Annotating Curves#

To allow dragging the vertices of the Curve, the Curve annotator uses the PointDraw tool in the toolbar: The vertices will appear when the tool is selected or a vertex is selected in the table. Unlike most other annotators the Curve annotator only allows editing the vertices and does not allow adding new ones.

curve = hv.Curve(np.random.randn(50).cumsum())

curve_annotator = hv.annotate.instance()

curve_annotator(curve.opts(width=800, height=400, responsive=False), annotations={'Label': str})

To access the data you can make use of the annotated property on the annotator:

curve_annotator.annotated.dframe().head(5)

Annotating Rectangles#

The Rectangles annotator behaves very similarly to the Points annotator. It allows adding any number of annotation columns, using Bokeh’s BoxEdit tool that allows both drawing and moving boxes. To see how to use the BoxEdit tool, refer to the HoloViews BoxEdit stream reference, but briefly:

  • Select the BoxEdit tool in the toolbar:

  • Click and drag on an existing Rectangle to move it

  • Double click to start drawing a new Rectangle at one corner, and double click to complete the rectangle at the opposite corner

  • Select a rectangle and press the Backspace or Delete key (depending on OS) to delete it

  • Edit the box coordinates in the table to resize it

boxes = hv.Rectangles([(0, 0, 1, 1), (1.5, 1.5, 2.5, 2.5)])

box_annotator = hv.annotate.instance()

box_annotator(boxes.opts(width=800, height=400, responsive=False), annotations=['Label'])

To access the data we can make use of the annotated property on the annotator instance:

box_annotator.annotated.dframe()

Annotating paths/polygons#

Unlike the Points and Boxes annotators, the Path and Polygon annotators allow annotating not just each individual entity but also the vertices that make up the paths and polygons. For more information about using the editing tools associated with this annotator refer to the HoloViews PolyDraw and PolyEdit stream reference guides, but briefly:

Drawing/Selecting Deleting Paths/Polygons#

  • Select the PolyDraw tool in the toolbar:

  • Double click to start a new object, single click to add each vertex, and double-click to complete it.

  • Delete paths/polygons by selecting and pressing Delete key (OSX) or Backspace key (PC)

Editing Paths/Polygons#

  • Select the PolyEdit tool in the toolbar:

  • Double click a Path/Polygon to start editing

  • Drag vertices to edit them, delete vertices by selecting them

To edit and annotate the vertices, use the draw tool or the first table to select a particular path/polygon and then navigate to the Vertices tab.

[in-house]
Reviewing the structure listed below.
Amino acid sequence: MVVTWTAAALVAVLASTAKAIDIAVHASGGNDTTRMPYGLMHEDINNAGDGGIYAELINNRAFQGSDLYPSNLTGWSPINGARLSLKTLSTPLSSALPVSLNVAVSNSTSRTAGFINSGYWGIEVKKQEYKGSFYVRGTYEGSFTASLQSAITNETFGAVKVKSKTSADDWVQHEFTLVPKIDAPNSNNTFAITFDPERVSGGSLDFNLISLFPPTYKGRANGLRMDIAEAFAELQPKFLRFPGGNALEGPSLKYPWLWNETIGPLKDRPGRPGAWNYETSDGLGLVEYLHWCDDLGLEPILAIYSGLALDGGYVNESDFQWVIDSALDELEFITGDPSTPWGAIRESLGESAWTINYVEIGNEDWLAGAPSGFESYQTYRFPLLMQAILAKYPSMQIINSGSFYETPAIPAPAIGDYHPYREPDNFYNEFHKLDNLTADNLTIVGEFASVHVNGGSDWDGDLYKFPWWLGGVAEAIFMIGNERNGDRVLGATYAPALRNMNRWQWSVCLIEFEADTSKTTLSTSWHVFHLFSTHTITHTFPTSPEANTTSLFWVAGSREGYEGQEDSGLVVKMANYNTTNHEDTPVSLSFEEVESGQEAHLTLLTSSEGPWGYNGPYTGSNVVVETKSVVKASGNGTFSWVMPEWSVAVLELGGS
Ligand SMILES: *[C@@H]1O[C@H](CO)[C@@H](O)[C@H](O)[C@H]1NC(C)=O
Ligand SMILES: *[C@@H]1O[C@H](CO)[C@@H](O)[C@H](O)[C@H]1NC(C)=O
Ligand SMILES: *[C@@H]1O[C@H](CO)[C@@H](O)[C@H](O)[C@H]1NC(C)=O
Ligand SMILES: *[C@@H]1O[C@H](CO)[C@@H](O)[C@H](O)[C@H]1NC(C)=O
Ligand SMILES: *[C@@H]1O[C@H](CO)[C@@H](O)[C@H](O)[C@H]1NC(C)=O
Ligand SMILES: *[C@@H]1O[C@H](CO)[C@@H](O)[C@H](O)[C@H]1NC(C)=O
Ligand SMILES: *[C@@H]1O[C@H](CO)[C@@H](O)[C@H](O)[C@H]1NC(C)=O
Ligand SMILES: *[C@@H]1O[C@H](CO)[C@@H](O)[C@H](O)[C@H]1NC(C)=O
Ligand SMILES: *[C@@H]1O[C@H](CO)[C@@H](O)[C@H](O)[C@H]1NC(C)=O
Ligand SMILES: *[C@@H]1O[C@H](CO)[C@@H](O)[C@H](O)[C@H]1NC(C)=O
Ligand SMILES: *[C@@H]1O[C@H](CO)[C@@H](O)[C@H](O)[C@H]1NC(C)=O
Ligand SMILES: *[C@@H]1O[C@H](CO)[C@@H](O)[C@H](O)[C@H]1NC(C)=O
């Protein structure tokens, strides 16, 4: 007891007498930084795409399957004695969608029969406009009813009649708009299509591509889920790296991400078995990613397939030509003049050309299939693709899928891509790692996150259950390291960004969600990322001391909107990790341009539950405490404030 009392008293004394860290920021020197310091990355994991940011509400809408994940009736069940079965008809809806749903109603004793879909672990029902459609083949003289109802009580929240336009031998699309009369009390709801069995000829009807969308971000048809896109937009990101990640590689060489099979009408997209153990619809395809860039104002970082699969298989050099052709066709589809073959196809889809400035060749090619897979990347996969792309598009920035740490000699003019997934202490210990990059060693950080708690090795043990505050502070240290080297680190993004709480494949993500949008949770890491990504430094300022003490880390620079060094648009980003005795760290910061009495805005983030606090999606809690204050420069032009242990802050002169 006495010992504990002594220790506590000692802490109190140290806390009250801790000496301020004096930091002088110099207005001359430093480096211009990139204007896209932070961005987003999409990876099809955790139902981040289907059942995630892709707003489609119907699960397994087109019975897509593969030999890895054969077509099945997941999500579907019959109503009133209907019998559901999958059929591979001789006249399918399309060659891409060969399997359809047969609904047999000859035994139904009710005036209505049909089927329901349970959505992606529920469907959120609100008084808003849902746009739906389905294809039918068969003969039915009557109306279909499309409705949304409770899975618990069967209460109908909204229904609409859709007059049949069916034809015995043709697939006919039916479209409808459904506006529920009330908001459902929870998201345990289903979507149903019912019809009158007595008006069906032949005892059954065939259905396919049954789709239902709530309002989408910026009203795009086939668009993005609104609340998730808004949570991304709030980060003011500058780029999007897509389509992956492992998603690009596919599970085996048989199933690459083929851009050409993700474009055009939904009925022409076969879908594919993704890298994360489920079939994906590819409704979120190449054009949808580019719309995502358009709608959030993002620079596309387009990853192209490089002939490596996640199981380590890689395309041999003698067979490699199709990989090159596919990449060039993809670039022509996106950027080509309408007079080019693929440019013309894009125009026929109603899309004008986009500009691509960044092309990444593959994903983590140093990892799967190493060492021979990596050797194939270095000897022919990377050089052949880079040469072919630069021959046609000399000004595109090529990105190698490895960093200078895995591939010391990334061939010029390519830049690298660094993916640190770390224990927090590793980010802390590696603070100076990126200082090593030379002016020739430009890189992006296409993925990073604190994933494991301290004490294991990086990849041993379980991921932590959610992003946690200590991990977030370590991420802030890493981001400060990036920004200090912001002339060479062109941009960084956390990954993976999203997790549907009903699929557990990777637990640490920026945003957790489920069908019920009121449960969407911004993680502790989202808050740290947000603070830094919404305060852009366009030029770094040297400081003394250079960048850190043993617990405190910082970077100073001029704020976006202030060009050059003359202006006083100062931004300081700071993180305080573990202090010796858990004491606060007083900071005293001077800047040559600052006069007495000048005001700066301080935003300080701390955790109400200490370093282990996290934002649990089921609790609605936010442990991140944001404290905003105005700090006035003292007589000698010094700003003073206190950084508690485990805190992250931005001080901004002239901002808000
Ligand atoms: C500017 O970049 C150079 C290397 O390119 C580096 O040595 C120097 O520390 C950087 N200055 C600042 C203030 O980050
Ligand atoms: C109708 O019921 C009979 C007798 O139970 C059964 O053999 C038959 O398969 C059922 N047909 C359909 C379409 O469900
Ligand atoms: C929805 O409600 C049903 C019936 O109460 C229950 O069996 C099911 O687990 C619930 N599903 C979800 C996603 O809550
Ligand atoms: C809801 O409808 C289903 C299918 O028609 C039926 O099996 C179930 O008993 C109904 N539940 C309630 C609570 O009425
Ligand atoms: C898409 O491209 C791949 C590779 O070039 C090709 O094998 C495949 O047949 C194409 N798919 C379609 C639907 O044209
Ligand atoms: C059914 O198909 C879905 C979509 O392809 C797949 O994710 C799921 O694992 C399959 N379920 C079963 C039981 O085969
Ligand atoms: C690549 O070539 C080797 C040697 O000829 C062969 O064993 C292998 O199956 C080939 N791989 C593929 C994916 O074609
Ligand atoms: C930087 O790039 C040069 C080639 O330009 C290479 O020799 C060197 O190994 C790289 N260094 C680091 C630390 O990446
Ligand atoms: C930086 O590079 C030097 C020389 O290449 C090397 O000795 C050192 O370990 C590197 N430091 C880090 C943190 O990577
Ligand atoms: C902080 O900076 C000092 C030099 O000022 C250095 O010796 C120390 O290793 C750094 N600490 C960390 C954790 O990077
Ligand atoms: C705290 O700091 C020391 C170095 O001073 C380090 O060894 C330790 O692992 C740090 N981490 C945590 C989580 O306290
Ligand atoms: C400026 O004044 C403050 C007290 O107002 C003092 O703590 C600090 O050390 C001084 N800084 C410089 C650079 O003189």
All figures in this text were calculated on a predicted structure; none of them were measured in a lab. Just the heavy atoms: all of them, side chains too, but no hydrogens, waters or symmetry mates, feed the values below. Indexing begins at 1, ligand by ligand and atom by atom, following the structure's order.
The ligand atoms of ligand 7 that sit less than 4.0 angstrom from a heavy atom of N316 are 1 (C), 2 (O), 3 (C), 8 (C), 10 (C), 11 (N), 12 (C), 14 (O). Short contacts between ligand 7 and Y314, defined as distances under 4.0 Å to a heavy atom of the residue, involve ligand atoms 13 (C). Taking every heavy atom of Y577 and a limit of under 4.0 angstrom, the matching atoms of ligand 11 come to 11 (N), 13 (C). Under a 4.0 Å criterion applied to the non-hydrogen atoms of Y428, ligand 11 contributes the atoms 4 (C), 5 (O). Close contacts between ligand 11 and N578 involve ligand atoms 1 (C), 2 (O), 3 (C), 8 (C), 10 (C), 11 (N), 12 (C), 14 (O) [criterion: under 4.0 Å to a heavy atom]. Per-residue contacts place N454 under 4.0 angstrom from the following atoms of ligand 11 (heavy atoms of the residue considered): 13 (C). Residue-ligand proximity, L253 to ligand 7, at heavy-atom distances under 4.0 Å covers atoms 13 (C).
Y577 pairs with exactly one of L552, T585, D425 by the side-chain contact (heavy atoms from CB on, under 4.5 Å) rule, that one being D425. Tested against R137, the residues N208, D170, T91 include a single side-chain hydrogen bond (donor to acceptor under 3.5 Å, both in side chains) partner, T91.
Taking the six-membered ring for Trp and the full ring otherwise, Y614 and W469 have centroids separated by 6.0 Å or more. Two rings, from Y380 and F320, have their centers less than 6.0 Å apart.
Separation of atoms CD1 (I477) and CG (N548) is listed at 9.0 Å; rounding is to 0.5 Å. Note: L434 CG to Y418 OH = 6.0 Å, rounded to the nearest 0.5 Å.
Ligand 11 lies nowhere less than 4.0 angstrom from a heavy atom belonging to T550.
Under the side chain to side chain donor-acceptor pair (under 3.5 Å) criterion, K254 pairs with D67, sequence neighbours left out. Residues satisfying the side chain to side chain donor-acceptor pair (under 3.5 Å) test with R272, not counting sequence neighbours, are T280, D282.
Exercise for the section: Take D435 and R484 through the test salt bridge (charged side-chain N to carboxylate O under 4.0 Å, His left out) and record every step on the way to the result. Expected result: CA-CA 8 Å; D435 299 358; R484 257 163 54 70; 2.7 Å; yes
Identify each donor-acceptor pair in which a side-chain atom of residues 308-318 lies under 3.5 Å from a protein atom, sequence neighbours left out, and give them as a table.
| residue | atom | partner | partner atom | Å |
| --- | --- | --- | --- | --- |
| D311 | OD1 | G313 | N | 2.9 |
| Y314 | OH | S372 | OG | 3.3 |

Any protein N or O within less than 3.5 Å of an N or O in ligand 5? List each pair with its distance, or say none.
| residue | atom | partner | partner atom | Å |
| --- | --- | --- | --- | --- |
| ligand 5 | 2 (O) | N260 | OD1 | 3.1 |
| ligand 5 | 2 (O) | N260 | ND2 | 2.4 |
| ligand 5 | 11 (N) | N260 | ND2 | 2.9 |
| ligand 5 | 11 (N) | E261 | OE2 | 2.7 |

path = hv.Path([hv.Box(0, 0, 1), hv.Ellipse(1, 1, 1)])

path_annotator = hv.annotate.instance()

path_annotator(path.opts(width=800, height=400, responsive=False), annotations=['Label'], vertex_annotations=['Value'])

To access the data we can make use of the iloc method on Path objects to access a particular path, and then access the .data or convert it to a dataframe:

path_annotator.annotated.iloc[0].dframe()

Composing Annotators#

Often we will want to add some annotations on top of one or more other elements which provide context, e.g. when annotating an image with a set of Points. As long as only one annotation layer is required you can pass an overlay of multiple elements to the annotate operation and it will automatically associate the annotator with the layer that supports annotation. Note however that this will error if multiple elements that support annotation are provided. Below we will annotate a two-photon microscopy image with a set of Points, e.g. to mark the location of each cell:

img = hv.Image(np.load('../assets/twophoton.npz')['Calcium'][..., 0])
cells = hv.Points([]).opts(width=500, height=500, responsive=False, padding=0)

hv.annotate(img * cells, annotations=['Label'], name="Cell Annotator")

Multiple Annotators#

If you want to work with multiple annotators in the same plot, you can recompose and rearrange the components returned by each annotate helper manually, but doing so can get confusing. To simplify working with multiple annotators at the same time, the annotate helper provides a special classmethod that allows composing multiple annotators and other elements, e.g. making a set of tiles into a combined layout consisting of all the components:

point_annotate = hv.annotate.instance()
points = hv.Points([(500000, 500000), (1000000, 1000000)]).opts(size=10, color='red', line_color='black')
point_layout = point_annotate(points, annotations=['Label'])

poly_annotate = hv.annotate.instance()
poly_layout = poly_annotate(hv.Polygons([]), annotations=['Label'])

hv.annotate.compose(hv.element.tiles.Wikipedia(), point_layout, poly_layout)

Internals#

The annotate function builds on Param and Panel, creating and wrapping Panel Annotator panes internally. These objects make it easy to include the annotator in Param-based workflows and trigger actions when parameters change and/or update the annotator in response to external events. The Annotator of a annotate instance can be accessed using the annotator attribute:

print(point_annotate.annotator)

This object can be included directly in a Panel layout, be used to watch for parameter changes, or updated directly. To see the effect of updating directly, uncomment the line below, execute that cell, and then look at the previous plot of Africa, which should get updated with 10 randomly located blue dots.

#point_annotate.annotator.object = hv.Points(np.random.randn(10, 2)*1000000).opts(color='blue')
This web page was generated from a Jupyter notebook and not all interactivity will work on this website. Right click to download and run locally for full Python-backed interactivity.

Right click to download this notebook from GitHub.